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Let 100 Flowers Bloom – Binoy Varghese
Indira Lakshmi Prasad

The works as a collection do not have individual titles, but are all grouped under the title ‘Let 100 flowers bloom’ Its one story under one title, consisting of around 13 paintings.


The title itself is a quote from Mao Zedong, the chairman of the communist party of China in reference to the ‘Hundred Flowers Campaign’ which originated from the quote “Let a hundred flowers bloom; let a hundred schools of thought contend”. The idea was to have intellectuals discuss the problems of the country and promote new forms of art and cultural initiatives. The artist was inspired by this quote as a central piece of history the people’s revolutionary movement in China.


The artists work also delves into the recent history of revolution in various parts of the world, such as the ‘Arab Spring’ which refers to the democratic uprising which arose amongst the Arab world in 2011 and also the pronounced history of peoples revolutions which have taken place across several African countries over the decades. The artist considers how these different revolutionary movements have affected his home country of India, and the rest of the globe, because it’s a known fact that, as happened in the Arab Spring, revolution often grows and spreads through connectivity of the working classes. This phenomenon doesn’t only inspire and affect individuals in the same country but has a knock-on effect to other nations as solidarity occurs between the global working classes. It is this global connectivity which becomes the ideological backdrop of the work.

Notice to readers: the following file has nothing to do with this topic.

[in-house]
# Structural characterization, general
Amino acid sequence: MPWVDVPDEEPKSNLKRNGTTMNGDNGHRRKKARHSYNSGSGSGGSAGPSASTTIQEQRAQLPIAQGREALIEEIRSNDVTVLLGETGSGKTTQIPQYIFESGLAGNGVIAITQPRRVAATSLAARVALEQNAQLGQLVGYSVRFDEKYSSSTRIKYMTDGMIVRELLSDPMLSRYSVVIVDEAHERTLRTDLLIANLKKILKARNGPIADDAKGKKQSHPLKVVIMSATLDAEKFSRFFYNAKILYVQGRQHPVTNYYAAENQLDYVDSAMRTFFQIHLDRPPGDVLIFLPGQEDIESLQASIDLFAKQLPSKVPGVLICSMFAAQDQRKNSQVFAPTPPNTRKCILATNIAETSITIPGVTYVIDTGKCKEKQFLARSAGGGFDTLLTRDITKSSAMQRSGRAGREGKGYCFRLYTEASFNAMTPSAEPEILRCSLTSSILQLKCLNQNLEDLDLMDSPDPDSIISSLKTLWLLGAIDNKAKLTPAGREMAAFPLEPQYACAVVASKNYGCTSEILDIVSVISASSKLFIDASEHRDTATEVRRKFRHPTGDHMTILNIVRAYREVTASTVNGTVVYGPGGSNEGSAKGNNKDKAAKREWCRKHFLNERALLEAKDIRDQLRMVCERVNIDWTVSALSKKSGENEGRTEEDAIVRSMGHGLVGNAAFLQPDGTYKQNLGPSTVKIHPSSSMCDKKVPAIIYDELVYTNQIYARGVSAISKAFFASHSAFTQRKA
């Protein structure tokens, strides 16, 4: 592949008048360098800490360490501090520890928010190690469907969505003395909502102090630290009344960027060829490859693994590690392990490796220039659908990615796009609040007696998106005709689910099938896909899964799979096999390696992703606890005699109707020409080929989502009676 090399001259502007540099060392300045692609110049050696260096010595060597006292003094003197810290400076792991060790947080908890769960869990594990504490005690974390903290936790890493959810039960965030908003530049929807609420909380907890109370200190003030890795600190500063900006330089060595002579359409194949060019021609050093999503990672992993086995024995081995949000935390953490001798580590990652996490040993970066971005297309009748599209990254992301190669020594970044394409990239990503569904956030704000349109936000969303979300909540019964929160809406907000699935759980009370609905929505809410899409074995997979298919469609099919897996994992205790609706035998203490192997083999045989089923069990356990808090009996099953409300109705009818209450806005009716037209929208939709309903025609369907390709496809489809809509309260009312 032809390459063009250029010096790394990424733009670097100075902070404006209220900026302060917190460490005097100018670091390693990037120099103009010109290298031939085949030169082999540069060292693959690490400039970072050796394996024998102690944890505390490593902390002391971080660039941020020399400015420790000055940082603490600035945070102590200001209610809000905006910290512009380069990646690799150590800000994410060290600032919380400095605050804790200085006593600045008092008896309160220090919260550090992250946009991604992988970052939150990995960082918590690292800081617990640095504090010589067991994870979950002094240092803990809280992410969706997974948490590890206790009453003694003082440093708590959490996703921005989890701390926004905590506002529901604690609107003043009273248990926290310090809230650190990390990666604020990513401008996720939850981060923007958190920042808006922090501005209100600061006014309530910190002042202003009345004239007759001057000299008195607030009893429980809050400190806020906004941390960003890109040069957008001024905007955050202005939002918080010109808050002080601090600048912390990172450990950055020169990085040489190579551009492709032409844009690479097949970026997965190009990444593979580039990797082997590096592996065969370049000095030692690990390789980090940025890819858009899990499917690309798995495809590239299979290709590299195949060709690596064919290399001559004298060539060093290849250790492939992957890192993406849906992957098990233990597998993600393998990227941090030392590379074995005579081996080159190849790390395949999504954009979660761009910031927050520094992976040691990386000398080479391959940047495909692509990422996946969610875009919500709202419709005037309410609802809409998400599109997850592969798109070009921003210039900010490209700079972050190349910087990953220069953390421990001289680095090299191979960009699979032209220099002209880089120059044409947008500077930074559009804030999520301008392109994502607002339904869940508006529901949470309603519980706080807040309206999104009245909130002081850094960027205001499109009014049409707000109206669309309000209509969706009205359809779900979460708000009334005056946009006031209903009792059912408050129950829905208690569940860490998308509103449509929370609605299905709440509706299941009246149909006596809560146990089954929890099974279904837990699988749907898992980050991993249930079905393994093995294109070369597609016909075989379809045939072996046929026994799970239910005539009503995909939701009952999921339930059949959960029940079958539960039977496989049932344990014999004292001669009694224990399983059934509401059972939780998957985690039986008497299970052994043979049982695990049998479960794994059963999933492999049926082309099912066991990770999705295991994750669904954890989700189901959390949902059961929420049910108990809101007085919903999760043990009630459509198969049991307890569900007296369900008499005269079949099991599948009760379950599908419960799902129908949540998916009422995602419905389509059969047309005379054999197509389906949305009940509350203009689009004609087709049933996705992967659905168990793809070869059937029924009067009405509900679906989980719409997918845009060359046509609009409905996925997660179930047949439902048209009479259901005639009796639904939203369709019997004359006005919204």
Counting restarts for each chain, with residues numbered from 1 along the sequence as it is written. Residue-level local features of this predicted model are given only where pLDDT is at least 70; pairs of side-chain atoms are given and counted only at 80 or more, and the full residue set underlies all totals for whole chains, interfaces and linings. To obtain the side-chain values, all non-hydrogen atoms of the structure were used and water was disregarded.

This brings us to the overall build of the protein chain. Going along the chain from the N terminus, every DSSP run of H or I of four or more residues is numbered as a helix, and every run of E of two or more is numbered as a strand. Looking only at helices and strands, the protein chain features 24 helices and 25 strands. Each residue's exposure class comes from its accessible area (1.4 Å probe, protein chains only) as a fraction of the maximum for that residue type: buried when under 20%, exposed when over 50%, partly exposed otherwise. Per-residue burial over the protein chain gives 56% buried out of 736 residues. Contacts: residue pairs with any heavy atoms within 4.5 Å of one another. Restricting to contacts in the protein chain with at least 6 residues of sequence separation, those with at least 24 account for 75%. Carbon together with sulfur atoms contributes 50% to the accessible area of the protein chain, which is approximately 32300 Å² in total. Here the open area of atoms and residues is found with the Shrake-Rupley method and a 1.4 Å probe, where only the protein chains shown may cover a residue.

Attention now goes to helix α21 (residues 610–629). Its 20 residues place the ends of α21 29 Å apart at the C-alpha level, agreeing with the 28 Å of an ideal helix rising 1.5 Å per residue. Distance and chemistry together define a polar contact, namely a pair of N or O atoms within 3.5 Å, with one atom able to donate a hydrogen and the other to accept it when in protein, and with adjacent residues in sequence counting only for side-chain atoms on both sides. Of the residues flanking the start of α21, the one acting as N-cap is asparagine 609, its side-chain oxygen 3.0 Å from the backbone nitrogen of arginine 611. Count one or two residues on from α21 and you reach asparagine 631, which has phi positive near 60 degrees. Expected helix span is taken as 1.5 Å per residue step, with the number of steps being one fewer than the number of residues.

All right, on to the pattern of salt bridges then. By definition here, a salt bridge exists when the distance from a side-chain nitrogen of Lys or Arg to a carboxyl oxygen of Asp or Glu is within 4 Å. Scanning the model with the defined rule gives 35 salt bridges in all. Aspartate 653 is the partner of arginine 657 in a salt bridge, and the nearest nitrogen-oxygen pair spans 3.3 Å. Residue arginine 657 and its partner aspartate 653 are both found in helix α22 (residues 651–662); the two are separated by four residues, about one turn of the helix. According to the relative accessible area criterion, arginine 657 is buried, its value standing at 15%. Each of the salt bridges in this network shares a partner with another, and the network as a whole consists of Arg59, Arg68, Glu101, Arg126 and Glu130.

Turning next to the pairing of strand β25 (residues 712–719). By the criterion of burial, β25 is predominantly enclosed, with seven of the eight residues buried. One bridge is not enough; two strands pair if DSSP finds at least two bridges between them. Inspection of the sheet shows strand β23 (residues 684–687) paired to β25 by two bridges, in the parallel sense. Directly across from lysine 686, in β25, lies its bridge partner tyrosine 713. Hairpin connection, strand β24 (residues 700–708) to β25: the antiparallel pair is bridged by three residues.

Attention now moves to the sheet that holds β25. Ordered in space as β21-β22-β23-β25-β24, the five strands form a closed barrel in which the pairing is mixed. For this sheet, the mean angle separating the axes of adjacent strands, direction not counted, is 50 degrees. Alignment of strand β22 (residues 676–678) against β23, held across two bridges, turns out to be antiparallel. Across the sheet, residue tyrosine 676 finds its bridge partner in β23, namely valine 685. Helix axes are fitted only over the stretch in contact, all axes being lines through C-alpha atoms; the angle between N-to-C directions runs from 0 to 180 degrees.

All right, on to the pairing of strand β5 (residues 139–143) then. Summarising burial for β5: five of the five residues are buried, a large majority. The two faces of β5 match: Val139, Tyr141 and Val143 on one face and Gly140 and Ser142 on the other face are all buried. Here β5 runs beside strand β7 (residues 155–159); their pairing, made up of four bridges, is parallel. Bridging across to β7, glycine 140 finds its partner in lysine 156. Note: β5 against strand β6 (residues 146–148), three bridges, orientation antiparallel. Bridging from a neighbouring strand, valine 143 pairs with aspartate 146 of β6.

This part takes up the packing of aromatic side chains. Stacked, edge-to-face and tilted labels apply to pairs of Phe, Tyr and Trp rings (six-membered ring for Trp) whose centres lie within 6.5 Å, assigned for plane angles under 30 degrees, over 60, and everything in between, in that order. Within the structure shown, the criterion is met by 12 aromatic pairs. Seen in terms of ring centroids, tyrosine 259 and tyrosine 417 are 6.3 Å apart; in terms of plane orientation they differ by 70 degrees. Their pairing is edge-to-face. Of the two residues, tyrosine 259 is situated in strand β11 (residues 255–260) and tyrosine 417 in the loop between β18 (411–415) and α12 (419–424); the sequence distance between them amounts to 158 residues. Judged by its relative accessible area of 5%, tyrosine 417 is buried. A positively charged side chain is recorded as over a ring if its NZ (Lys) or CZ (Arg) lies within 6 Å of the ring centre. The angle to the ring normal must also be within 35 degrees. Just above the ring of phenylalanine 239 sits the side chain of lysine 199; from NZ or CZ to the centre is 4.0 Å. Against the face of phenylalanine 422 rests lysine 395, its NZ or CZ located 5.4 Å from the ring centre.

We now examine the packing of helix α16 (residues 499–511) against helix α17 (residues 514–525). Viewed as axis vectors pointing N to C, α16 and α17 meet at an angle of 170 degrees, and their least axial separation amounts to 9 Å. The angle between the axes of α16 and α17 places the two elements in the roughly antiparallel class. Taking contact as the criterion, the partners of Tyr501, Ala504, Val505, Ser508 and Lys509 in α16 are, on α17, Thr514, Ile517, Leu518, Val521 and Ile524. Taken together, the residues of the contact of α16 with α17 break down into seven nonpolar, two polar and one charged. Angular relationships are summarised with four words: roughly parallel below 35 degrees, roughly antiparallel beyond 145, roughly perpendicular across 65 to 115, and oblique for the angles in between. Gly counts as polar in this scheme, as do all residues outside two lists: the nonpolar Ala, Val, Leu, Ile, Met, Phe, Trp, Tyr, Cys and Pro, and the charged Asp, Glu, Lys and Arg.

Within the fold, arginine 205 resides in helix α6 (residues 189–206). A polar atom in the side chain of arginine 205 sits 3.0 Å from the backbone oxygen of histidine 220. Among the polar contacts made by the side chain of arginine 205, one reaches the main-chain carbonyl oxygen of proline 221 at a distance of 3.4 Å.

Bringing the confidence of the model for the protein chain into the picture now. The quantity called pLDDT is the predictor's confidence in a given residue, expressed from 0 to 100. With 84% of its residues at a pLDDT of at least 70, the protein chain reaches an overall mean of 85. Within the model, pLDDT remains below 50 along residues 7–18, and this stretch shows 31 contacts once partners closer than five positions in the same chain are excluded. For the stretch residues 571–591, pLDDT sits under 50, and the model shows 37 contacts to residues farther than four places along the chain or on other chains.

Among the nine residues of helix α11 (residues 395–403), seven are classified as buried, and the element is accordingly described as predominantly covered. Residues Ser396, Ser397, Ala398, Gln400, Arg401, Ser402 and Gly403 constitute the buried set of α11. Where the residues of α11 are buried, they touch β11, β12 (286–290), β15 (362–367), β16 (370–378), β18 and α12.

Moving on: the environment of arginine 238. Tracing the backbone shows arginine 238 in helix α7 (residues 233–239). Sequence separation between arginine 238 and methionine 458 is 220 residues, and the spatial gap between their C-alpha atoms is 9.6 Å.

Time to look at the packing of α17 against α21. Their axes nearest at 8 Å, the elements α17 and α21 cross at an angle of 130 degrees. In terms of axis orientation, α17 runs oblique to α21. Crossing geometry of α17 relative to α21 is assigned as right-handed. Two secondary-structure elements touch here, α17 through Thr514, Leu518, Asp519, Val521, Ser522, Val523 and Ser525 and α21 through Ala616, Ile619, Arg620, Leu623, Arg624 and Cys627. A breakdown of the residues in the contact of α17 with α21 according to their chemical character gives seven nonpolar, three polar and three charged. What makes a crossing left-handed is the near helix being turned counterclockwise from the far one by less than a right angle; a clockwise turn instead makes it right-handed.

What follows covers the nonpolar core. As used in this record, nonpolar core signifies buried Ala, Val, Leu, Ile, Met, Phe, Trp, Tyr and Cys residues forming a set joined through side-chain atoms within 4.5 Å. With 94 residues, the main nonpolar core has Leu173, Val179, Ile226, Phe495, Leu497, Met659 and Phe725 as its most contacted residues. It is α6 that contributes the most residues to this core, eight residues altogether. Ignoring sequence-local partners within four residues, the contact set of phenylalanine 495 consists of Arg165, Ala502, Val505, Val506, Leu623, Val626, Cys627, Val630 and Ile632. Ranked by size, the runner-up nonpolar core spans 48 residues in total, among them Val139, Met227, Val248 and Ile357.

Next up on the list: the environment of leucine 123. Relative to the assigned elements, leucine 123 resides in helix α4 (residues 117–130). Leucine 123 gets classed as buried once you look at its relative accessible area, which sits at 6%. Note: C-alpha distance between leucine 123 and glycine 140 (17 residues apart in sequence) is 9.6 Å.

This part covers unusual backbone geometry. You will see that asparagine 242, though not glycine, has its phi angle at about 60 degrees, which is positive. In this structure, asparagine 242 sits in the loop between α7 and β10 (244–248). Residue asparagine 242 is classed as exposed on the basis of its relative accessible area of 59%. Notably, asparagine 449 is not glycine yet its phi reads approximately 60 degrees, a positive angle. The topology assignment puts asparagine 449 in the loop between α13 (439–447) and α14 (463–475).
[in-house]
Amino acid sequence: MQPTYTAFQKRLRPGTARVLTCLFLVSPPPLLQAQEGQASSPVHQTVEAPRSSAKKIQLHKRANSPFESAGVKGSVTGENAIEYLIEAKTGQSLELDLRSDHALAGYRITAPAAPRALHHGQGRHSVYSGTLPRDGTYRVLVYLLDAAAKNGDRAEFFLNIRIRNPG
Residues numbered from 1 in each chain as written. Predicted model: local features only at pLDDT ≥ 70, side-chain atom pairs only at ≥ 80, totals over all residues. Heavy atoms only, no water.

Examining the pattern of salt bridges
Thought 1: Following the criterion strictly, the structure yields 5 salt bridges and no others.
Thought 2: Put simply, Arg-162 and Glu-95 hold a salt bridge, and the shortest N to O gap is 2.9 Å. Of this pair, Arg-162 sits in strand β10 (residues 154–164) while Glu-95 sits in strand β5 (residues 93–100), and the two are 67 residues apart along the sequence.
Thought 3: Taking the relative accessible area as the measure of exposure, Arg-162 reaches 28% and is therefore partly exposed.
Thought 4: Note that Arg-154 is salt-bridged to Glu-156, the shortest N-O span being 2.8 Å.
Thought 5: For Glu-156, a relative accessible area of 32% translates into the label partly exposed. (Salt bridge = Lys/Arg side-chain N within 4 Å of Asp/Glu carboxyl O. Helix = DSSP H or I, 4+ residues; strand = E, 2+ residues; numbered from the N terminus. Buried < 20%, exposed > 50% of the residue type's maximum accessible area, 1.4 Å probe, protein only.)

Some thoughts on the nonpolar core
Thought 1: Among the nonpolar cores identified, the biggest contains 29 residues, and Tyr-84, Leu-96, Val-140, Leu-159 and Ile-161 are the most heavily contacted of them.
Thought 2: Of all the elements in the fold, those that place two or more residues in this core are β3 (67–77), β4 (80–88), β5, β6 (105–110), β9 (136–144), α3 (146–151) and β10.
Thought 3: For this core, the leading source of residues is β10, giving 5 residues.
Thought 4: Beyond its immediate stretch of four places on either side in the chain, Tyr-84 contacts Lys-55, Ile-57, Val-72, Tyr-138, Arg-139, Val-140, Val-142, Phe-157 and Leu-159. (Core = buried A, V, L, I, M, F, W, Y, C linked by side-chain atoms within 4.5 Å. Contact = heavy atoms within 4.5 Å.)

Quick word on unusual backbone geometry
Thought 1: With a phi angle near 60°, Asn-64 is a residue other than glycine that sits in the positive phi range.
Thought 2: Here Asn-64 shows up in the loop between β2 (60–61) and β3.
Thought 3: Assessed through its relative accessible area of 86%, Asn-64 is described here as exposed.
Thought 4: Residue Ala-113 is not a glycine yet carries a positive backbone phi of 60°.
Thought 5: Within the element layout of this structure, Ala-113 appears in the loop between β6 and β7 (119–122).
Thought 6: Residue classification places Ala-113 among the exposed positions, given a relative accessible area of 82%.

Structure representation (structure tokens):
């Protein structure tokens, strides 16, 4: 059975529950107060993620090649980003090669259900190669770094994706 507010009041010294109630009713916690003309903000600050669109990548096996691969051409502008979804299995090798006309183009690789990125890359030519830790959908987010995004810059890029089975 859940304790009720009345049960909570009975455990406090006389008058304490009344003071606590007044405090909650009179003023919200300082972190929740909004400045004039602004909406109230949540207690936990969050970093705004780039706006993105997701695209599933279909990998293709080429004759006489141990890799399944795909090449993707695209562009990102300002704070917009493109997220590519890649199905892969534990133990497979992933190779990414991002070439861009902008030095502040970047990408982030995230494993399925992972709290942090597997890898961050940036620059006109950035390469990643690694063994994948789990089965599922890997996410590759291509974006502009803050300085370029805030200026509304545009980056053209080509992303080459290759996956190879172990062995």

The artist also reflects upon the way India as a nation is adopting the tendency of protest and uprising against social oppression, as globalization has occurred so has the spread of ideas and connectivity in the consciousness of the working classes. The artist states that the 2016 student uprising at JNU where student groups protested against the capital punishment meted out to the 2001 Indian Parliament attack convict Afzal Guru and the Kashmiri Separatist Maqbool Bhat, as an inspiring force behind his works. The organizers of this particular event were former members of the Democratic Students Union (DSU) and defiantly continued the event following the university administration withdrawing permission following protest from the Hindu Nationalist Student Union (AVBP). This culture of political activism continues to thrive at JNU despite the charges pressed against students after this particular incident, and the JNU Student Union continues to have links with the Communist Party of India, despite the restrictions on freedom of speech which are at times present under the current government.

Several of the pieces in the ‘Let 100 Flowers Bloom’ series are inspired by the physical nature of individuals coming together to protest in open spaces. Binoy Varghese takes photographs while travelling abroad and in India, and then uses several photographs to create collage type image boards which he then transfers into painted image with acrylic on canvas. He uses a traditional method of cutting and pasting the hard copies of the photographs rather than digitally rendering them before enlarging on the canvas. The finished result is a layered (around 7 or 8 layers of color is applied before a piece is finished) and visually intriguing composition. Perhaps most interestingly is the fact that the images layered together are often from two or three different parts of the world, and often different scales are amalgamated together to form surreal landscapes.

Binoy Varghese travels to different countries, mainly in Asia, the Middle East and Africa, and takes photographs while on location. It is these photographs collected while travelling that the artist uses to create the collages which he then enlarges onto canvas.

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